Australia turned blind eye to deeply offensive threat from China – Chris Uhlmann (The Age): “What is it that terrifies the people of Hong Kong about the Chinese Communist Party that eludes so many pliant Australian academics, business leaders and ex-politicians? In the same breath, some local cognoscenti lament the Australian government’s weakness in barely mentioning the troubles in the Chinese territory before returning to their rote gripe that Canberra’s national security establishment is too hawkish.”
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WHAT’S ON TODAY
Victoria will become the first jurisdiction in Australia with legalised euthanasia, with the Voluntary Assisted Dying Act 2017 coming into effect.
Jeffrey Richard O’Donnell will appear in the Magistrates Court, accused of lying to the anti-corruption watchdog over Labor’s alleged cash-for-stacks scandal.
New Australia Post CEO Christine Holgate and Melbourne Business School Dean Ian Harper will discuss automation and what it means for policymakers, employers and educators.
The Parliamentary Budget Office will table its federal election costings analysis, looking at the budget impact of election campaign policies by the coalition, Labor and the Greens.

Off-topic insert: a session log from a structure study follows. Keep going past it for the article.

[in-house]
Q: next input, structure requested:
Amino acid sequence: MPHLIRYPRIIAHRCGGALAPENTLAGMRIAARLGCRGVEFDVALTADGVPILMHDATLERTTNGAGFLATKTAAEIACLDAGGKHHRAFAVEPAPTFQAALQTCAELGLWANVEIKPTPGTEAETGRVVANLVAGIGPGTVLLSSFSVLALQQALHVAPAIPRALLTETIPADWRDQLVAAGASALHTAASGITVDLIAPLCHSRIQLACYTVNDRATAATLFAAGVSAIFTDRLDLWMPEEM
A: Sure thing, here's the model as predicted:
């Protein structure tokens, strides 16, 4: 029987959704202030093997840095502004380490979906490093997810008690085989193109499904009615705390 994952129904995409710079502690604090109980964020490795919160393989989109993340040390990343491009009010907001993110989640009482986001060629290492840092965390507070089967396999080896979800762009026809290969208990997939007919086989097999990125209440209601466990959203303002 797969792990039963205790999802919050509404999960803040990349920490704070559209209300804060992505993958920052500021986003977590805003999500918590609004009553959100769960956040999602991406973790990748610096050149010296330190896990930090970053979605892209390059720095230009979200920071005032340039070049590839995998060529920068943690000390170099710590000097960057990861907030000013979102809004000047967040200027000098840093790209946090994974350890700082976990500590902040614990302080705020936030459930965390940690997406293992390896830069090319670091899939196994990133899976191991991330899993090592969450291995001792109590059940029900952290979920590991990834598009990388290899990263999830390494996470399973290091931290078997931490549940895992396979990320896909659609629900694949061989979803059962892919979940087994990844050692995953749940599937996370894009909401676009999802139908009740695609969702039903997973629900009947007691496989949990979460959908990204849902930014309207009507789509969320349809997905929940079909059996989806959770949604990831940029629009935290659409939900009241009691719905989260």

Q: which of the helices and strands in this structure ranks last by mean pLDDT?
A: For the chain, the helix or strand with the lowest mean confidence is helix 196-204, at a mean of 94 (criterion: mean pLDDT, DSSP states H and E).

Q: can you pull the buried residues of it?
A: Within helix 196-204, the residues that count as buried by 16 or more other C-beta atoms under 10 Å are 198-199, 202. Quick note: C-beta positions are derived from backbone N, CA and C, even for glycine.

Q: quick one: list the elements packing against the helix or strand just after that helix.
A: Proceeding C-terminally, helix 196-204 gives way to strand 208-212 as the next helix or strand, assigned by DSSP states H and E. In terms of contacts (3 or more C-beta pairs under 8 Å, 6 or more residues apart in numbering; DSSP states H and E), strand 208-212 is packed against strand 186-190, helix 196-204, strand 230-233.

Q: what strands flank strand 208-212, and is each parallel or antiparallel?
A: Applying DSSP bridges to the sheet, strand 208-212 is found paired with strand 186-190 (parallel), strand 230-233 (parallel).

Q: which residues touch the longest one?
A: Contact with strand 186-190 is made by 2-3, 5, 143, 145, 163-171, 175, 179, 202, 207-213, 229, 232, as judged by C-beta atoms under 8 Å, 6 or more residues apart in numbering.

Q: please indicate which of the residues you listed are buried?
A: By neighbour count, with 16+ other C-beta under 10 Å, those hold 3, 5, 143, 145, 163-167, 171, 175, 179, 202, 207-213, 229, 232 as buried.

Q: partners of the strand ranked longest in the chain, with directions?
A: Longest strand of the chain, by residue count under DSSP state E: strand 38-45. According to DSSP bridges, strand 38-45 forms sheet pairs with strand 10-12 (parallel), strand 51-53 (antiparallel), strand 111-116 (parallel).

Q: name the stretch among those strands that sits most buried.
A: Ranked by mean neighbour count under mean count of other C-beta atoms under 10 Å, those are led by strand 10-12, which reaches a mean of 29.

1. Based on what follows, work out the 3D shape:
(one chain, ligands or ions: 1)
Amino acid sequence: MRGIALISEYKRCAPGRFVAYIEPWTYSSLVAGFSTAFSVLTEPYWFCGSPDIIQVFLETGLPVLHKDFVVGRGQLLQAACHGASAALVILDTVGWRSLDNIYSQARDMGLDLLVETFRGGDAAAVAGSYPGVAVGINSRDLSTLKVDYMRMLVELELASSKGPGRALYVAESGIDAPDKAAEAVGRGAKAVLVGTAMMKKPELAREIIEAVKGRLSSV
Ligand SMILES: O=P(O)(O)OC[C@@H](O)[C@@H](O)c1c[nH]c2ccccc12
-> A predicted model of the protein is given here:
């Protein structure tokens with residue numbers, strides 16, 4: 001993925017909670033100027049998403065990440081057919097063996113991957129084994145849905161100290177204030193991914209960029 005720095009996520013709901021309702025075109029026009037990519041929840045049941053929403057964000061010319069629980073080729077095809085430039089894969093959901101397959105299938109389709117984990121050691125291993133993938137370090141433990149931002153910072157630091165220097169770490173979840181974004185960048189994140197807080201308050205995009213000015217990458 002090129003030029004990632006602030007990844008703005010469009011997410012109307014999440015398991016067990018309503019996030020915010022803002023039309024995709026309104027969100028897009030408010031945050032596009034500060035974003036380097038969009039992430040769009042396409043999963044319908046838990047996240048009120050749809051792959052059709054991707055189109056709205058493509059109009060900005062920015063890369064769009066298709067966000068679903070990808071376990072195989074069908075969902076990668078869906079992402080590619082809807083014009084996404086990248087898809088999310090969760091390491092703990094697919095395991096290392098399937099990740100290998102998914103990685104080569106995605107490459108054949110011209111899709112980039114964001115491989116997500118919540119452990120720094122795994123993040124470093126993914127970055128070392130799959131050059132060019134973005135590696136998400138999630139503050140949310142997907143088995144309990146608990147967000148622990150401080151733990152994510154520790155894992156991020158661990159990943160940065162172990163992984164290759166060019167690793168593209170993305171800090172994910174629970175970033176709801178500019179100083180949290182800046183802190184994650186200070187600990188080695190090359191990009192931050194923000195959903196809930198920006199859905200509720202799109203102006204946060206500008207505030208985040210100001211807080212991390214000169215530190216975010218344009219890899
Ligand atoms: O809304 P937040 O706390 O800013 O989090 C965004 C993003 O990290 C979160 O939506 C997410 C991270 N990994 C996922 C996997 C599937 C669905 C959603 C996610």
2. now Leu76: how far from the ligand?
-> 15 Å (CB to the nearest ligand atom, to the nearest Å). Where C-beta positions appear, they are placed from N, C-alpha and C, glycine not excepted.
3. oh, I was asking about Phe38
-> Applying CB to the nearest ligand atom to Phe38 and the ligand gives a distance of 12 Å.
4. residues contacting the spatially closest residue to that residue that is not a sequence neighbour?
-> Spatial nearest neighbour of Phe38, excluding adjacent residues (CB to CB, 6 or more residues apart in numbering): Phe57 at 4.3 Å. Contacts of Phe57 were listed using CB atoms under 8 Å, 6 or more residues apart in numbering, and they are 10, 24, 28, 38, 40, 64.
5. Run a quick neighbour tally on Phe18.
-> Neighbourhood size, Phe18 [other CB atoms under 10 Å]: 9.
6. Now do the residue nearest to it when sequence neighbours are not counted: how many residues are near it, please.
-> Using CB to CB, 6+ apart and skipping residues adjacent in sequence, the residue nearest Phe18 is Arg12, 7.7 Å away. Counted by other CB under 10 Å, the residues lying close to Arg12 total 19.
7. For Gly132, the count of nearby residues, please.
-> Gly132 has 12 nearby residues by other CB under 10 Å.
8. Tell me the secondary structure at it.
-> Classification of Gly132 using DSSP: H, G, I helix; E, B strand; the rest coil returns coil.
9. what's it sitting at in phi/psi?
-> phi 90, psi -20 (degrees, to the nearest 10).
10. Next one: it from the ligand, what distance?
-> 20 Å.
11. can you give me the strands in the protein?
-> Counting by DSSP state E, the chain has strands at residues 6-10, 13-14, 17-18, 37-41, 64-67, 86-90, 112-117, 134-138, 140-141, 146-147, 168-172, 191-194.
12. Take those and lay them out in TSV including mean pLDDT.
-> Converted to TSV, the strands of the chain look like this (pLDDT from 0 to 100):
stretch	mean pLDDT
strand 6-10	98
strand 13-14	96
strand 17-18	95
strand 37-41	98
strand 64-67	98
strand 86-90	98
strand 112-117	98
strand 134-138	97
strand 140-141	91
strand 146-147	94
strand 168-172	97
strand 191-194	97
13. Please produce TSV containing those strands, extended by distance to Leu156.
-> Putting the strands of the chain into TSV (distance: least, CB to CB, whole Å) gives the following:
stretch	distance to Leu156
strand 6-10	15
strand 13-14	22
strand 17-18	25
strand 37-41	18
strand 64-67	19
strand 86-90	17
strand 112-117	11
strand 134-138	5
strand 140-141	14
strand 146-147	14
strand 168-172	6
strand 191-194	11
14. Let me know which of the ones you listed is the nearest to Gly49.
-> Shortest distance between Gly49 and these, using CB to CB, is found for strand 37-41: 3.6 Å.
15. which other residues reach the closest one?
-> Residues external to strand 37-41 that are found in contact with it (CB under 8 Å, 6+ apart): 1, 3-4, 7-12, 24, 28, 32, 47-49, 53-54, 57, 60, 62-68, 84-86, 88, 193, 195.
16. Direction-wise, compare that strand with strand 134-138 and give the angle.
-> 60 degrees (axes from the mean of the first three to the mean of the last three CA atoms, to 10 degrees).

The High Court will hand down its judgment in the case of sperm donor Robert Masson (pseudonym) over whether he should be considered the legal father of a girl born through artificial insemination.
The Auditor-General will release a report into the effectiveness of the Australian Reinsurance Pool Corporation’s management of the Terrorism Reinsurance Scheme.
The Department of Jobs and Small Business will release the Internet Vacancy Index for May, with vacancies having fallen for four successive months — the weakest growth rate in five years.
StudyNT will hold one of two international student focus groups, to better understand international students’ perception of the Territory as a study destination and find ways to improve the experience.
David Burke from the Human Rights Law Centre will give a public seminar exploring the legal and ethical issues that led to the passage of the Medivac bill.
The Royal Commission into Aged Care Quality and Safety in Broome will hold a community forum, focusing on aged care for indigenous Australians, person-centred care and the delivery of aged care in remote locations.
Queensland treasurer Jackie Trad will address the Townsville business community about the budget she handed down last week.
An inquest will be held into the disappearance of Matthew James Bale, last seen on Rottnest Island in 2016.
Nieuwegein, The Netherlands
The Joint Investigation Team into the downing of MH17 will outline developments at a briefing in the Netherlands. It will also be live-streamed here.